08-02-2017, Web Design
by Antoni Zolciak

Did You Know That Brutalist Websites Are a Thing Now?

Antoni Zolciak
VP OF MARKETING
More by this author

If you’re familiar with grunge music, think of brutalist websites the same way. Bands from Seattle were rough, ragged, raw. Unpolished.

Just like design can be.

As Carrie Cousins points out, brutalism is somewhat new to the web, but it has been present in the art world for decades. Brutalism was also flourishing in architecture from the 1950s to the mid-1970s. These grey buildings were serving a specific function—a job—and they weren’t built to delight anyone with their form.

Reading this article on Wikipedia we can discover that the term brutalism originates from the French word for “raw.”

But when it comes to web design…Is this something more than just a not-so-applicable trend?

Ruggedness and lack of concern

Brutalism is something that stands in contrast to being comfortable or easy to comprehend. In architecture it was, in a sense, a reaction to the lightness and optimism of 1920s and 1930s. In web design, however, brutalism may be considered ugly. By some.

New Bloomberg website screenshot

New Bloomberg website screenshot

Most probably I’m wrong but to me the first signs of brutalism in modern web design were done by Bloomberg. It may not be full-on brutalism but it’s still something. Wojtek, our creative director, agrees with that:

“To me, Bloomberg is a perfect example of using some brutalist trends. At the same time, it doesn’t overwhelm the reader. It’s still, more or less, a traditional layout that somehow may be even compared to Mashable.”

Or maybe, just maybe, web brutalism is something else entirely.

Do you remember the first days of the Internet?

Back then, no one cared about looks, or user-friendliness, or UI, or UX. Websites were being set up with a simple objective in mind: to display information online.

It may even be considered similar to the approach to architecture in the late 1940s and early 1950s, with Europe emerging from World War II. With a need for buildings that could be designed and executed as quickly as possible, the aim was to maximize capacity and minimize decoration. Lack of ornaments, in a way, relates to the earlier Bauhaus School.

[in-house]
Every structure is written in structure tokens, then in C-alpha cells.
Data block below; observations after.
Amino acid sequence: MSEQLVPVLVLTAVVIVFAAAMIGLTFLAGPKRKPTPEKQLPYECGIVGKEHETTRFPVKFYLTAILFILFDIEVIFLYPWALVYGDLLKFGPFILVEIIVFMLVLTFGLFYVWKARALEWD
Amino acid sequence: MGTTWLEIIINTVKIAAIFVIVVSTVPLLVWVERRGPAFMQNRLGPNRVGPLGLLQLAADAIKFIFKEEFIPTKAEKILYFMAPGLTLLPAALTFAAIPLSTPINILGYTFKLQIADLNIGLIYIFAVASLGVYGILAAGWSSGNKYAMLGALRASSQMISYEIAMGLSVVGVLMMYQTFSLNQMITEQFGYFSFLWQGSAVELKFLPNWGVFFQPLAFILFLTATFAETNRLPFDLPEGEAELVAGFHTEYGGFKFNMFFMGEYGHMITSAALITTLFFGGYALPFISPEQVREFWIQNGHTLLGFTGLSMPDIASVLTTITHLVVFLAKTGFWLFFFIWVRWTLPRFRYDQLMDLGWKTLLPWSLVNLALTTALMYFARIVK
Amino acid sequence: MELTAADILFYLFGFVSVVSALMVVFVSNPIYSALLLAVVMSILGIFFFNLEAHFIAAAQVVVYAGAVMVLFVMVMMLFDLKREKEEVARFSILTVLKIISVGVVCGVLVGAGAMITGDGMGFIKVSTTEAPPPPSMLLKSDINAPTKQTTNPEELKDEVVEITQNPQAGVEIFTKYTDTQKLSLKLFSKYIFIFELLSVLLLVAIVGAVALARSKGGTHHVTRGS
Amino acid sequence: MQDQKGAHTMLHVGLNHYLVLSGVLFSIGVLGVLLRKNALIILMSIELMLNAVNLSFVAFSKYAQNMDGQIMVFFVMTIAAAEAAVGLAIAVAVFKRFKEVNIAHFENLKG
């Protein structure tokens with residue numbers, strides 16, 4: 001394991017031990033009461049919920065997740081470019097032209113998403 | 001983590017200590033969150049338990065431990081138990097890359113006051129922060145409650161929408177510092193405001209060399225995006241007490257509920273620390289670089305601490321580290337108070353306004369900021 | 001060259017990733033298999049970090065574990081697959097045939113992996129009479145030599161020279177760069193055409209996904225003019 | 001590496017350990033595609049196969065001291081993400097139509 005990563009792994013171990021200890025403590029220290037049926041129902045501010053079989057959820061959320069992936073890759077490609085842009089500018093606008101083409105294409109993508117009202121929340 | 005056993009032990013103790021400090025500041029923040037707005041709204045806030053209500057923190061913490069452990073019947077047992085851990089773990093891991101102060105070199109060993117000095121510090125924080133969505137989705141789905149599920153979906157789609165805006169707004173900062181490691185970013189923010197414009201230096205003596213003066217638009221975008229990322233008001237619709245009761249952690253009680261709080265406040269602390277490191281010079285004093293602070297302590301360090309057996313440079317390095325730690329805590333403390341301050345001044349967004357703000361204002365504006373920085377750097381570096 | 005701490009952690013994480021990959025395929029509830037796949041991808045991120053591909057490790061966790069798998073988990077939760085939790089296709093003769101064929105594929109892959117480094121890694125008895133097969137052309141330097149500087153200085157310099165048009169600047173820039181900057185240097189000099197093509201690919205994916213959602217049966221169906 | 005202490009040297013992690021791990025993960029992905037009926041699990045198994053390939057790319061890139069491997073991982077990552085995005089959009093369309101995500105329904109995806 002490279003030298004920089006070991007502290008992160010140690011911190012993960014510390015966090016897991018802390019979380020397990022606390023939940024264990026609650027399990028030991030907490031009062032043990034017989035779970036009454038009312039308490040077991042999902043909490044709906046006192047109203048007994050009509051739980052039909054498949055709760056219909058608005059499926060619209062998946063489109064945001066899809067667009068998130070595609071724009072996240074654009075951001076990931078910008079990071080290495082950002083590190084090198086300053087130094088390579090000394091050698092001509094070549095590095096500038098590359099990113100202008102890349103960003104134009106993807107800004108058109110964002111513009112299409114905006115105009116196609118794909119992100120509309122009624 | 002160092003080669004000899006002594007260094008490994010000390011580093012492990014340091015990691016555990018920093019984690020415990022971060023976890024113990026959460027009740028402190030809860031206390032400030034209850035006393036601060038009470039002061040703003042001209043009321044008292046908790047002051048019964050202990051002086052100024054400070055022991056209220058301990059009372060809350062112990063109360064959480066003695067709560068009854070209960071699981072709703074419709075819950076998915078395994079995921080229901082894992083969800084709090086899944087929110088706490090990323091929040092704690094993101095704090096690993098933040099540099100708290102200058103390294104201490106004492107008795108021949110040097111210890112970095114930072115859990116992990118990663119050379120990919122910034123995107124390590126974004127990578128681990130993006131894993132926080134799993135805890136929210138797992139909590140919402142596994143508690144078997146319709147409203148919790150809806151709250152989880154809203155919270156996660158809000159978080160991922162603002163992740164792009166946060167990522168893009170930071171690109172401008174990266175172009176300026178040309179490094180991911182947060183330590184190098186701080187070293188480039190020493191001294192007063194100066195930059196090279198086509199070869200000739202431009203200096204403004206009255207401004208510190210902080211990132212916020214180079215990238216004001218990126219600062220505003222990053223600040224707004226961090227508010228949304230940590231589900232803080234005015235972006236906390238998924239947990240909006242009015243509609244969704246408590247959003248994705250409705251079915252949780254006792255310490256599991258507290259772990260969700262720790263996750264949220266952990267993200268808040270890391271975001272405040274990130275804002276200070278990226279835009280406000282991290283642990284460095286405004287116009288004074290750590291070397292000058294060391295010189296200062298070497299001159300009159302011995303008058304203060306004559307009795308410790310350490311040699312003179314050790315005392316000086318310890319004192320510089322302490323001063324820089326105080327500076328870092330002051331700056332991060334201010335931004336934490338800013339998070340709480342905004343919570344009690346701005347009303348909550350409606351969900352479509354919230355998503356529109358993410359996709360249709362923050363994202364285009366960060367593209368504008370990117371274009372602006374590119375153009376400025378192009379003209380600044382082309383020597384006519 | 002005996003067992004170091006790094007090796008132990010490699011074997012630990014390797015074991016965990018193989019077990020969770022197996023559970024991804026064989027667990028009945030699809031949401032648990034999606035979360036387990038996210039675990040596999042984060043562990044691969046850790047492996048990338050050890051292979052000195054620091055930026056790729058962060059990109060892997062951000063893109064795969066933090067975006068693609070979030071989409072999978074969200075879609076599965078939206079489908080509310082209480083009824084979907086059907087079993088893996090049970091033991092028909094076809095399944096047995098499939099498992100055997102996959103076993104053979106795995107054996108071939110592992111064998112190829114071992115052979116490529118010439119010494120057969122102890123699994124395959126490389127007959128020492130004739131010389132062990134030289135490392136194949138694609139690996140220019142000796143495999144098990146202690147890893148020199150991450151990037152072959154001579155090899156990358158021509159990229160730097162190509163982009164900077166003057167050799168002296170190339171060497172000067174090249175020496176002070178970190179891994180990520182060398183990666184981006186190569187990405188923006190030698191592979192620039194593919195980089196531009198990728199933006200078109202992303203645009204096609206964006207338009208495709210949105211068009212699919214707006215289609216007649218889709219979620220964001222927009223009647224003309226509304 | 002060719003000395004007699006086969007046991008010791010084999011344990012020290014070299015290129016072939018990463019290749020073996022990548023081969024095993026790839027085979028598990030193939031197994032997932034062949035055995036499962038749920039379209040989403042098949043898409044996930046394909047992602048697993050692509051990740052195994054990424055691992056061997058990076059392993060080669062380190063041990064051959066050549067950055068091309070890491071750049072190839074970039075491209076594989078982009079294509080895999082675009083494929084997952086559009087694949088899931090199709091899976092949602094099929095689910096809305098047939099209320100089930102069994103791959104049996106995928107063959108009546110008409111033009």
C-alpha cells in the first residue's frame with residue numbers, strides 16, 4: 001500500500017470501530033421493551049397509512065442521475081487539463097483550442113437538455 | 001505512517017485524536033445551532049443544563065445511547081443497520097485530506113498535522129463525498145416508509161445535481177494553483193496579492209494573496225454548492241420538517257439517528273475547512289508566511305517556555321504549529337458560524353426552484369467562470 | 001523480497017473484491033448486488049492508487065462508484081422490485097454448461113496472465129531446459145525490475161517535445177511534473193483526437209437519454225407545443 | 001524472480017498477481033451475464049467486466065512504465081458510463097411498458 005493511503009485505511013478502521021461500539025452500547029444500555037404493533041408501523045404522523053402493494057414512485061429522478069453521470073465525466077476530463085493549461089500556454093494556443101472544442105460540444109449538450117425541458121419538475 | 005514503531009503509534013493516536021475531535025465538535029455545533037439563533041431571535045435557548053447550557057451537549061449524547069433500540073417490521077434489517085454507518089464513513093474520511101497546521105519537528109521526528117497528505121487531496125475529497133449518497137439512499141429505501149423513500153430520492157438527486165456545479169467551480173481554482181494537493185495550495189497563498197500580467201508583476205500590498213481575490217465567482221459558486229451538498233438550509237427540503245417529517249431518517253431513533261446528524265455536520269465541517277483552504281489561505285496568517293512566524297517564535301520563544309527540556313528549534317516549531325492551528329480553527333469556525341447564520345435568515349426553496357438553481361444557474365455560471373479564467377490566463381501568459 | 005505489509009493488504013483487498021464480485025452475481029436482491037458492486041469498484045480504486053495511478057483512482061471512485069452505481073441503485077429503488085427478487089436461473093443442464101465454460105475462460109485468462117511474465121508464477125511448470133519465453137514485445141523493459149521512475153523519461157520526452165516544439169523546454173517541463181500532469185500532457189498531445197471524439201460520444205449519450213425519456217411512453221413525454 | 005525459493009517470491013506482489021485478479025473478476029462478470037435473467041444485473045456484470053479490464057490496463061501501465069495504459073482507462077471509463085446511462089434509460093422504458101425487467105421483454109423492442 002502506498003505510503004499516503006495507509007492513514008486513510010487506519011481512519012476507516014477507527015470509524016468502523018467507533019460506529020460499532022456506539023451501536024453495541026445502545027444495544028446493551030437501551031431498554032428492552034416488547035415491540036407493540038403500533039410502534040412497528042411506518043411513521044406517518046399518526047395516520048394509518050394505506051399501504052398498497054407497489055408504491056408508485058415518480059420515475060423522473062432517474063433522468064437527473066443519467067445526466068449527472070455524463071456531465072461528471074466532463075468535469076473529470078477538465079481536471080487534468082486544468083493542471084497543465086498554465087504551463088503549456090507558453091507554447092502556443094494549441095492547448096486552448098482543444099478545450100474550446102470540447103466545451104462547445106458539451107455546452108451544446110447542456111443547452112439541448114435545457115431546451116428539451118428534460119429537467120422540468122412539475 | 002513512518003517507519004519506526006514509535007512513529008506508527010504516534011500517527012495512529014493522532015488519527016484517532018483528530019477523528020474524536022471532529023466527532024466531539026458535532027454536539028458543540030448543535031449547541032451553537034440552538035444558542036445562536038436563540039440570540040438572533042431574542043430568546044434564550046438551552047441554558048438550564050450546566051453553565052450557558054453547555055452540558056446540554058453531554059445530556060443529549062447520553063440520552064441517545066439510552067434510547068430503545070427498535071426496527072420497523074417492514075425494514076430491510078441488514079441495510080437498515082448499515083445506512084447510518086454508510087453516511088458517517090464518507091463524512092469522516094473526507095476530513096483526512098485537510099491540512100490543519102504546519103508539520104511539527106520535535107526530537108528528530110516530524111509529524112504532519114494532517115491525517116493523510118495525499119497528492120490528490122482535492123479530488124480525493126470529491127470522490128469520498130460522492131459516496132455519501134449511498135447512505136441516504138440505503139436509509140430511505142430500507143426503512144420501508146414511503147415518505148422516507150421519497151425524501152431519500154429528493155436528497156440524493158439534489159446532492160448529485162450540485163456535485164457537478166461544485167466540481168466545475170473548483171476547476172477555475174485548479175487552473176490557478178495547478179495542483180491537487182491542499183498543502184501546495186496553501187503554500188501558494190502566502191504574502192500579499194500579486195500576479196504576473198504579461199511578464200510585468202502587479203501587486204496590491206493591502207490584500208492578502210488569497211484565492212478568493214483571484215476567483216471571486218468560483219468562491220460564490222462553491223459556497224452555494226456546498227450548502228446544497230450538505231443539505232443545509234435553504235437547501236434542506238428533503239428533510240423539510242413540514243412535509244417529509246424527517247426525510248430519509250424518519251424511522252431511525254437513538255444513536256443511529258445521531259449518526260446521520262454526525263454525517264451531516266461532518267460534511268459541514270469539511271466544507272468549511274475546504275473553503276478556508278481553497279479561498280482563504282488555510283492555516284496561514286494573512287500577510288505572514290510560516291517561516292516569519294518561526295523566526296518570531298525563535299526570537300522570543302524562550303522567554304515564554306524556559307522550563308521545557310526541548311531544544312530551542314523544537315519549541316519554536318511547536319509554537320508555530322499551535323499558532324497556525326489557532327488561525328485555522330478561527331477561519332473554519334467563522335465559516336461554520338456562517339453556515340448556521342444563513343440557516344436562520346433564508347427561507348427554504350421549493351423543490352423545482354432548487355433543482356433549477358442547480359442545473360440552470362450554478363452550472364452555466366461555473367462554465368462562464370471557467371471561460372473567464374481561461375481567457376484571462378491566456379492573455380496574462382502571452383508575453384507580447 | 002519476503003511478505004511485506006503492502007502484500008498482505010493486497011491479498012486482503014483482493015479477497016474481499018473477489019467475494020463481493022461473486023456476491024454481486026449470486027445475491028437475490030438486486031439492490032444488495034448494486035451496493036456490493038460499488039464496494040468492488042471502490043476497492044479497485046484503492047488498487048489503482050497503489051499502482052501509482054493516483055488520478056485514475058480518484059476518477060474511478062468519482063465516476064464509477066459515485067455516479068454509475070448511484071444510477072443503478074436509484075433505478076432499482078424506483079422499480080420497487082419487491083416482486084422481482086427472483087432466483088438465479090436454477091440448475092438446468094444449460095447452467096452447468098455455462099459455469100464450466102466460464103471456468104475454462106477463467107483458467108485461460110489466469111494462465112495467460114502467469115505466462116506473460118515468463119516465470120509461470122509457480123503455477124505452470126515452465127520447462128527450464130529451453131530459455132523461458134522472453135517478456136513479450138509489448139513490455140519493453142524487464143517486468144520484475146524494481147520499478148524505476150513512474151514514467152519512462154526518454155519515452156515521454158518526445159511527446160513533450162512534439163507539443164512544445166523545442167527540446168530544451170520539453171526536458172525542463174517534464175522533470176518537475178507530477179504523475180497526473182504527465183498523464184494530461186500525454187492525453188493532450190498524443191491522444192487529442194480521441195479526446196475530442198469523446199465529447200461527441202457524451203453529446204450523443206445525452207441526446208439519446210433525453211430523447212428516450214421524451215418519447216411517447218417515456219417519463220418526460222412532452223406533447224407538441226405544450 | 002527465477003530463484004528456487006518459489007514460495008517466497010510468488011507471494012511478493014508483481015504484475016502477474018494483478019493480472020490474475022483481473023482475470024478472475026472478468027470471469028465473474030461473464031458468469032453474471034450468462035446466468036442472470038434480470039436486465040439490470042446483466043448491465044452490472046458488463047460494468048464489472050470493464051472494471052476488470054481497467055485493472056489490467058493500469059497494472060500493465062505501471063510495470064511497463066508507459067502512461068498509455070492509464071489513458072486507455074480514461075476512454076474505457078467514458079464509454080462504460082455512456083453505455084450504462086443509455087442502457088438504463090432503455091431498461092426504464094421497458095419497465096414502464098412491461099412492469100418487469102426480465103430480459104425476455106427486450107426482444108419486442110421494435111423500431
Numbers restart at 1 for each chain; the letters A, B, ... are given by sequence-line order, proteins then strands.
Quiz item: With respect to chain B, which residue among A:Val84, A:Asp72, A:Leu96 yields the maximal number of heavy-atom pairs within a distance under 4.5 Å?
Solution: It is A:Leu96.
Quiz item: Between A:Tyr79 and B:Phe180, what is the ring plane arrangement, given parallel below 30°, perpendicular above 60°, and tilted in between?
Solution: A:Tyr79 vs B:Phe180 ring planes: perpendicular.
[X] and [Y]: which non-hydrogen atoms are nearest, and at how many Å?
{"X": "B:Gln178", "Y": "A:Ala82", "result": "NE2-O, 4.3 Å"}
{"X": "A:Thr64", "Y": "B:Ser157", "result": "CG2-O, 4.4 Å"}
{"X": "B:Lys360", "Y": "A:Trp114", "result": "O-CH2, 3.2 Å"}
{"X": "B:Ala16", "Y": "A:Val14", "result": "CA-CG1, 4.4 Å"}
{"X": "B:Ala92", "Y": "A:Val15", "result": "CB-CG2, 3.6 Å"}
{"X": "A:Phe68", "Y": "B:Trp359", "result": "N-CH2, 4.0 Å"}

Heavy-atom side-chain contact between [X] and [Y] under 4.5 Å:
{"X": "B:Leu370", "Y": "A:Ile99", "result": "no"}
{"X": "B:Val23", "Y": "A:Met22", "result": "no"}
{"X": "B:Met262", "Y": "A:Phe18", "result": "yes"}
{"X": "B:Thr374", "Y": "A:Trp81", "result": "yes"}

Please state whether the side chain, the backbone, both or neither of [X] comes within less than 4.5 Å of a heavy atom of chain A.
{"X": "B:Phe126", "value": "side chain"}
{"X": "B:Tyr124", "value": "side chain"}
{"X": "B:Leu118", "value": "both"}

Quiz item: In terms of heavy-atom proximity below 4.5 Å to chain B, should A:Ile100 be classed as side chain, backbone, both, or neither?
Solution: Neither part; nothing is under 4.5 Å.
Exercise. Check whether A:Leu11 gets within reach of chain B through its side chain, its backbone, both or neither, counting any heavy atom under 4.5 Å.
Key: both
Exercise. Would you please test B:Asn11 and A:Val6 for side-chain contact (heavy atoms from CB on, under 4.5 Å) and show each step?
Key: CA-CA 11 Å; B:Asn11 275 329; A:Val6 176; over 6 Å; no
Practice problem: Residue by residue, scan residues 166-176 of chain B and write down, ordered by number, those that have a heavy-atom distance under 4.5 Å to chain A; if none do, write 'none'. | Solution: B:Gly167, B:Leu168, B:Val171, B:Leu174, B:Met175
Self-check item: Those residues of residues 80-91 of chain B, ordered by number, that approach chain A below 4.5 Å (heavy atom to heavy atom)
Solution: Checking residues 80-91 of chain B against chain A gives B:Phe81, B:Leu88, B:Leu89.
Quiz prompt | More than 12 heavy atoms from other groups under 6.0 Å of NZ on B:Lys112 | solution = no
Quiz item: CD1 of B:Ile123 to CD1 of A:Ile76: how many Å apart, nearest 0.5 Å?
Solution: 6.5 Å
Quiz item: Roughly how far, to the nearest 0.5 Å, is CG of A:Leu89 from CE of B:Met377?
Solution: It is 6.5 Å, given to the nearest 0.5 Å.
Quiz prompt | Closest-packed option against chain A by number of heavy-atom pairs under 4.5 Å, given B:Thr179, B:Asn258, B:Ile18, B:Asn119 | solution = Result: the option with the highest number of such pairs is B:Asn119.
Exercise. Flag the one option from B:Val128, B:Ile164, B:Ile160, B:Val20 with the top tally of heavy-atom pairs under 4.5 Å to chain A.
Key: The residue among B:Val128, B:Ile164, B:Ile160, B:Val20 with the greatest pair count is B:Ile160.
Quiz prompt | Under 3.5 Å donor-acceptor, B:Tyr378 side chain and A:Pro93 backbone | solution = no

This is how you get back to square one

Visit Wayback Machine and indulge in the archives

Clichéed typefaces, unnaturally saturated colors, strange compositions. Sounds like the 1990s? On Quora we can find an interesting thread related to the brutalist graphic design. Vitor Camilo, a design student, recalls music micromovements like vaporwave and seapunk as similar to what brutalism in web design may be.

Brutalist website example

Brutalist website example

Even the Washington Post noticed the trend

“There’s an interesting trend in Web design these days: Making websites that look, well…bad.”

Seriously, that’s how they start.

Katherine Arcement, the author of said article, mentions Pascal Deville and his idea for a website. Working currently as a Creative Director at one of the ad agencies based in Zurich, Pascal founded brutalistwebsites.com. He lists there every possible creation that may be considered “rugged” and “lacking in concern to look comfortable.”

The funny thing is, even now brutalistwebsites.com receives over 100 new submissions a day. Asked by the Washington Post, he replies: “It’s not only what you can see, it’s also how it’s built. In the code you can see if it’s really a streamlined application or a very rough, handmade, HTML website.”

If we dig deeper into brutalistwebsites.com, we’ll find a self-published magazine that interviews the people behind the designs. One of them, Chuck, explains the concept quite easily.

His brutalist website was created back in 2005. “We were very intrigued by anti-design on the web at a time when so many people were using Flash and very clunky UI,” he recalls. “Our website was […] a content site with creative writing, so we felt it important to let that shine and not have design get in the way.”

Makes sense, doesn’t it?

Is brutalist web design trend here to stay?

We’re not the ones to decide. While it surely may serve some functions, or be entertaining, or simply fill a certain hole with something interesting, we don’t really think it has major commercial applications.

On the other hand, we may be wrong—hence, we’d like to hand the question over to you.

What do you think?

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